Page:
Reconstructing the Fourth Amendment
A History of Search and Seizure, 1789-1868Book - 2006
From the publisher's description: "Historical amnesia has obscured the Fourth Amendment's positive aspects, and Andrew E. Taslitz rescues its forgotten history in Reconstructing the Fourth Amendment, which includes two novel arguments. First, that the original Fourth Amendment of 1791--born in political struggle between the English and the colonists--served important political functions, particularly in regulating expressive political violence. Second, that the Amendment's meaning changed when the Fourteenth Amendment was created to give teeth to outlawing slavery, and its focus shifted from primary emphasis on individualistic privacy notions as central to a white democratic polis to enhanced protections for group privacy, individual mobility, and property in a multi-racial republic. With an understanding of the historical roots of the Fourth Amendment, suggests Taslitz, we can upend negative assumptions of modern search and seizure law, and create new institutional approaches that give political voice to citizens and safeguard against unnecessary humiliation and dehumanization at the hands of the police."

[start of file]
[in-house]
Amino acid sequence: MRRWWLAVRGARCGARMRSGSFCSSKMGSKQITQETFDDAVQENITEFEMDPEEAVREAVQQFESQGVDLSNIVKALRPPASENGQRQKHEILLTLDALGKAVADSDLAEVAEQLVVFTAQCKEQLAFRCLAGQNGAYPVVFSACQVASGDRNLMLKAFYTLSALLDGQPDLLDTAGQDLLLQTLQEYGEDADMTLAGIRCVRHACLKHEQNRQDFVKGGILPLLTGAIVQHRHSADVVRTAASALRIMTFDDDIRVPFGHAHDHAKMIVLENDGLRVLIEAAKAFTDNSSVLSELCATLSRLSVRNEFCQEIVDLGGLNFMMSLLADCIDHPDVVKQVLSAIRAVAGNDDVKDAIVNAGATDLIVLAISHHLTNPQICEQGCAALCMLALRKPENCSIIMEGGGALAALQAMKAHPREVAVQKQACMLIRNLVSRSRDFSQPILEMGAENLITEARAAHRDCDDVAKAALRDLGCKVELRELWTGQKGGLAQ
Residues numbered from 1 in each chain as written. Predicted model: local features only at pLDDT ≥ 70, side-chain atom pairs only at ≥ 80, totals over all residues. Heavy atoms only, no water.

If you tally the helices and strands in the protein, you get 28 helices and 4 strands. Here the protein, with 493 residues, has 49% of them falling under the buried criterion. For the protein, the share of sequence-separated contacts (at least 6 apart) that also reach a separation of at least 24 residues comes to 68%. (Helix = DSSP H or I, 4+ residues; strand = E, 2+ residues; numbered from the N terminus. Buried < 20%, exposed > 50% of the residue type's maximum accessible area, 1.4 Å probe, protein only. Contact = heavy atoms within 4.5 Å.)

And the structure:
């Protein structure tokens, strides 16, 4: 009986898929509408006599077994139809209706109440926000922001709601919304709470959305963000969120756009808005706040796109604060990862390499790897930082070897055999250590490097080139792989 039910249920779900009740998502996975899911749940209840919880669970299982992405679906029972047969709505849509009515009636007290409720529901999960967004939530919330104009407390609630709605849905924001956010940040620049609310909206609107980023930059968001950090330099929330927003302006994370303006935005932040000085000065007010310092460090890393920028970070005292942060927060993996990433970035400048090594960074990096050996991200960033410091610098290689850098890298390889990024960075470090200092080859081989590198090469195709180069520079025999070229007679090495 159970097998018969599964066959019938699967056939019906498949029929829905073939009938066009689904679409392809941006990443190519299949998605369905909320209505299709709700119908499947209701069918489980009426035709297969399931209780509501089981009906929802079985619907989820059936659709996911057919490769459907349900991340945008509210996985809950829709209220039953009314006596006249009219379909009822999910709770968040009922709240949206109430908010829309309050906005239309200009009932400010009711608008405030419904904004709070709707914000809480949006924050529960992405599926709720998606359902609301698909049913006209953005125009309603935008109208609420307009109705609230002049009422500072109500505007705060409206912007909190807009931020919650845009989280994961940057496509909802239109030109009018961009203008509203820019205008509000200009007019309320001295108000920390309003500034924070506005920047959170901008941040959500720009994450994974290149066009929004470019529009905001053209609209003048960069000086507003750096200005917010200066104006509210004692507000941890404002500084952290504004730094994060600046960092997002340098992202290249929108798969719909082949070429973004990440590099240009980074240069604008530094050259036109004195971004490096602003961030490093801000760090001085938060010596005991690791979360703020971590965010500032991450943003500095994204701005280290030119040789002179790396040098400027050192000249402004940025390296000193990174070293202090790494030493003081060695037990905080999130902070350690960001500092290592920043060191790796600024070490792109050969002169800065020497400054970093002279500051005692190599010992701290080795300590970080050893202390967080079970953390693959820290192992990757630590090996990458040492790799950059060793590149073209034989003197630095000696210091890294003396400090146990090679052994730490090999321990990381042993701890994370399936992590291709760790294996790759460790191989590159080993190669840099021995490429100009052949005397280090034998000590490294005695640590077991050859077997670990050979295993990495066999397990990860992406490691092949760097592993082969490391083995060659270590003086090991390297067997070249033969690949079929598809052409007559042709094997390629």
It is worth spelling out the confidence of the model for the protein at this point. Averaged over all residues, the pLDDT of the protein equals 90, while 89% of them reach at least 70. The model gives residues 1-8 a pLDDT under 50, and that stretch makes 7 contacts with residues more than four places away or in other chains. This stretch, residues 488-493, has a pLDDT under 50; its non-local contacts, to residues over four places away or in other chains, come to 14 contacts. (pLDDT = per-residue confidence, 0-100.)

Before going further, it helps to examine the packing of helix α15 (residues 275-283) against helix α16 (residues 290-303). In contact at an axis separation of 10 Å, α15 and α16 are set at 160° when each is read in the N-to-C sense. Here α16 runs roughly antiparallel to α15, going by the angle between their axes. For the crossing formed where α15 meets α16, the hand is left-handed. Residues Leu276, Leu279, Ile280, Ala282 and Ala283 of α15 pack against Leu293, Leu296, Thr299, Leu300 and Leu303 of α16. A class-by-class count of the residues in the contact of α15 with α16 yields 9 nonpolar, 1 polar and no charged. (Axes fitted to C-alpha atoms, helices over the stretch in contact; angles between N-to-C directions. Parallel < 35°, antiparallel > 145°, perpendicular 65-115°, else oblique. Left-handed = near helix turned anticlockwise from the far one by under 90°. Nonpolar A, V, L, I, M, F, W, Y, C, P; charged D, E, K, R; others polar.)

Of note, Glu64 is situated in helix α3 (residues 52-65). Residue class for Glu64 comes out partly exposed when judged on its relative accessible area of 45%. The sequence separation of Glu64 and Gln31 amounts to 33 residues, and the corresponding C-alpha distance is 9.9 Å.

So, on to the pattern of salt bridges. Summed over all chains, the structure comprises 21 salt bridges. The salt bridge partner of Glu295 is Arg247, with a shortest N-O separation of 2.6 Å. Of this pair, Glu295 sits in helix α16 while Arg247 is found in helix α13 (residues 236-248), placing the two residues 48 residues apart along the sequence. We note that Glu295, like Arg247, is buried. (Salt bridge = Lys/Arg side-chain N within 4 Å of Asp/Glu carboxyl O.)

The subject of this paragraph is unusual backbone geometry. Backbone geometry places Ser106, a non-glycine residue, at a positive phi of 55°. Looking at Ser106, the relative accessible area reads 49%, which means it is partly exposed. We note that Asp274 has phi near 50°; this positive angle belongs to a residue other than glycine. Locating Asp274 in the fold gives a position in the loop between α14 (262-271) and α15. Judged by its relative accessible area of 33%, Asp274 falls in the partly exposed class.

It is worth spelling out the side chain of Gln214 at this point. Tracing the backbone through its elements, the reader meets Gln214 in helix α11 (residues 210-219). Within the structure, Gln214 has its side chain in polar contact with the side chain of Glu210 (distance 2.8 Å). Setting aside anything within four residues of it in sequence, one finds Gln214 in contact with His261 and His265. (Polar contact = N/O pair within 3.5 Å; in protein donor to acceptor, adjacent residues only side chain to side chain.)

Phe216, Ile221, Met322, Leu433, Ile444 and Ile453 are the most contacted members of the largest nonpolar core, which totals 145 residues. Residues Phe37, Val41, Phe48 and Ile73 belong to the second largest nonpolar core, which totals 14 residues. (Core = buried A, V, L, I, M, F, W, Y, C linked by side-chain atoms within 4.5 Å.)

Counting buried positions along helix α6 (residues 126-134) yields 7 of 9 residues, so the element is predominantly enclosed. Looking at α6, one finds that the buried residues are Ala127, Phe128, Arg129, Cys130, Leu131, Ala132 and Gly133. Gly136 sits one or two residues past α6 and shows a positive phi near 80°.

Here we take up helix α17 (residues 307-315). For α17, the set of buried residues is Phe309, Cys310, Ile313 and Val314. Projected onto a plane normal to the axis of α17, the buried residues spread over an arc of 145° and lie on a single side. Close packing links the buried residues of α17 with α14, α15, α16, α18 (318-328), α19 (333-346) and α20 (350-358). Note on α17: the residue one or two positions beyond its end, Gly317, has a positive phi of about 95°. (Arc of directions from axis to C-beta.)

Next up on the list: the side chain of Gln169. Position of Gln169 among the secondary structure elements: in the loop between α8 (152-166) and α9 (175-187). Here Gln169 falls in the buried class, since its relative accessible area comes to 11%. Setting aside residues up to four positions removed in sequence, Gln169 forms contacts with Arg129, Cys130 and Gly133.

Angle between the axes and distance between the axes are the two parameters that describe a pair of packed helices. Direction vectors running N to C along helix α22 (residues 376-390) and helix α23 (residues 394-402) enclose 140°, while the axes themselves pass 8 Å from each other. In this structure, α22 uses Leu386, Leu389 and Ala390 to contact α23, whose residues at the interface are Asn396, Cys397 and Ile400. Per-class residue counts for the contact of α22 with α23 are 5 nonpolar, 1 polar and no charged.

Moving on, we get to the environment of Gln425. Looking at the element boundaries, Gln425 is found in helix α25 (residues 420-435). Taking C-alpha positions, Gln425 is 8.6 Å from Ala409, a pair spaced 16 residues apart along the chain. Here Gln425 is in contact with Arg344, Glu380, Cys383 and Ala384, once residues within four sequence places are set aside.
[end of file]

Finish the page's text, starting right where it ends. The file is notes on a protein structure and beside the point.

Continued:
Publisher: New York : New York University Press, c2006
Characteristics: xi, 363 p. ; 24 cm
Alternative Title: History of search and seizure, 1789-1868